Globalization of Aerospace Supply Chains Leads to New Era of “Shared Services”

By: | January 8th, 2014

The first waves of “globalization” the world remembers most clearly were increases in trade flows that occurred beginning in 1850 and ending with World War II. During this time, countries directly sought to increase wealth through colonial rule. Of course, this type of activity had gone on for ages but it was different in that the industrial revolution was in full swing and humans began competing over resources to feed their nascent industries.

The oft used term “globalization”, then, is not just a a buzzword or an abstract concept, though its meaning has changed. Today it means the internationalization of industries but this time it is being driven by a new technological revolutions in computers, biotechnology, materials science, etc.┬áNotable over the last decade is that the pace of change has been quickening as more and more manufacturers are completely transforming the way they operate.

Trends in the aerospace business are a perfect illustration of what is happening: internationalization of supply chains, widespread outsourcing of responsibilities for design and production, and companies are now using “shared resources” to get things done.

The Dawn of Shared Service Model: Improving Inputs, Spreading Risk

Leading companies in the aerospace industry are increasingly using “Business Process Outsourcing” (BPO) which is leading to “shared services” and reduced costs. Companies in the United States and Europe regularly rely on Indian software companies for development of design and systems and are able to thin overhead and the ranks of management, operating leaner, more efficient operations.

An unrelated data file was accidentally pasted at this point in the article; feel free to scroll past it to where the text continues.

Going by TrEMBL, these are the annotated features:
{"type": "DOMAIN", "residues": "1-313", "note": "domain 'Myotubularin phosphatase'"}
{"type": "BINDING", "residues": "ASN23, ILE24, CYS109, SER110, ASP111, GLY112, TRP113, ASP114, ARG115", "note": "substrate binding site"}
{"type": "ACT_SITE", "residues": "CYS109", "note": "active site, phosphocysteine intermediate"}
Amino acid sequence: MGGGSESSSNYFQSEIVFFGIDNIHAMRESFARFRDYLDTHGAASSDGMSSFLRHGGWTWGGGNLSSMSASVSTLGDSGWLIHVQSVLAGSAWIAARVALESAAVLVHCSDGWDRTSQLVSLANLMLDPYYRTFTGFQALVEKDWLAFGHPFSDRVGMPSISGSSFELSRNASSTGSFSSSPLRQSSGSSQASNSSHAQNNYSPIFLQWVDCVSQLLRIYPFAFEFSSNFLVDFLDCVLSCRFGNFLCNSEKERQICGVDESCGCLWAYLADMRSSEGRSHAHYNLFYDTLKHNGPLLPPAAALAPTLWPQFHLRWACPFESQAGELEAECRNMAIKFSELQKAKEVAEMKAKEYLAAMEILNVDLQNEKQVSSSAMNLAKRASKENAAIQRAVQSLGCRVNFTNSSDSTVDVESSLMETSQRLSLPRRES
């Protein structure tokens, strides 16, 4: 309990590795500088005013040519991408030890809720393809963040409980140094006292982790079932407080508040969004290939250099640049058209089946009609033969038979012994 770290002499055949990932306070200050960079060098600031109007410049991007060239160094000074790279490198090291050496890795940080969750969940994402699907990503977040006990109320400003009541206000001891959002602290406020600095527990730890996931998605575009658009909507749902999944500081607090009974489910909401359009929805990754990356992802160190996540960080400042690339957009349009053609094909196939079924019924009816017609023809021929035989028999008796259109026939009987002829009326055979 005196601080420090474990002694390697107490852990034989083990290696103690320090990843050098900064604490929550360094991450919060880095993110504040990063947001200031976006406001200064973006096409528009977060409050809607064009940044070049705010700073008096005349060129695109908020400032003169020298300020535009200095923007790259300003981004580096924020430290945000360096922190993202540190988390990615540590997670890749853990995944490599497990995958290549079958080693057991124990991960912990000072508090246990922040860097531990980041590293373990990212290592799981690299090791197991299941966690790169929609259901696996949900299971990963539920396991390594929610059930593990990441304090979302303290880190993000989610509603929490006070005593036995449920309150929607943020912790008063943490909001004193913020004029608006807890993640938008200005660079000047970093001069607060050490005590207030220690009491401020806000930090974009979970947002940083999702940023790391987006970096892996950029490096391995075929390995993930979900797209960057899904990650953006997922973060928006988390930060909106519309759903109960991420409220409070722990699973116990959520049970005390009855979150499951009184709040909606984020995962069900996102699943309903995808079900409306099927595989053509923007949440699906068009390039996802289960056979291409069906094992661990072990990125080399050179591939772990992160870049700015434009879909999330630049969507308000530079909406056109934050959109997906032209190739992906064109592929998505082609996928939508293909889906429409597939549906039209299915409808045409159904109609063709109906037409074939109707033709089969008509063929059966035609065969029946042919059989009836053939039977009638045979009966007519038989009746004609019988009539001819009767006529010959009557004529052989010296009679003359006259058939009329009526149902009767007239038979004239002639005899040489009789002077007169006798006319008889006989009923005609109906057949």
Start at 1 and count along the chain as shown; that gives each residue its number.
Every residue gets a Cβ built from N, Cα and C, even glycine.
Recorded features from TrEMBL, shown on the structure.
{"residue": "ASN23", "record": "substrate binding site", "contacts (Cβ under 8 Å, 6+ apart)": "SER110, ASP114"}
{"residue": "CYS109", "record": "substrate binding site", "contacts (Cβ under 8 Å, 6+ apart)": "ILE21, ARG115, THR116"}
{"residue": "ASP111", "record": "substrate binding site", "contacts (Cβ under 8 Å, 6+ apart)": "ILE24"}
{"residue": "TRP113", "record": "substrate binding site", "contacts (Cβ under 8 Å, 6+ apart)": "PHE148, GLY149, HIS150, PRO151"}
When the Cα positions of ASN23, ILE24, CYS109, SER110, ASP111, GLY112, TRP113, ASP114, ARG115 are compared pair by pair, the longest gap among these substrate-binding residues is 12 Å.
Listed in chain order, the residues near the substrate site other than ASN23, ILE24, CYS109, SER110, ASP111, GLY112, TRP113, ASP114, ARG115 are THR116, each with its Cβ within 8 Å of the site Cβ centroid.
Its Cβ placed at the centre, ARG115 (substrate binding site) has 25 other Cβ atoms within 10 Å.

The huge costs of running global operations, the fickleness of government regulations from country to country and added risks from natural disasters and political instability, make commitments to 100% ownership by each company of all the operations they need is unprofitable.

Due in large part to the internet, the fuel on which the world runs, digital information, can now be obtained from any corner of the globe, from the most skilled group available, with the flip of a switch. Gone are the days where everything is done in-house. Boeing, for example, used to employ 100,000 designers and engineers to manufacture entire planes entirely in-house. Today, Boeing handles final assembly only, contracting out everything else.

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David Russell Schilling

David enjoys writing about high technology and its potential to make life better for all who inhabit planet earth.

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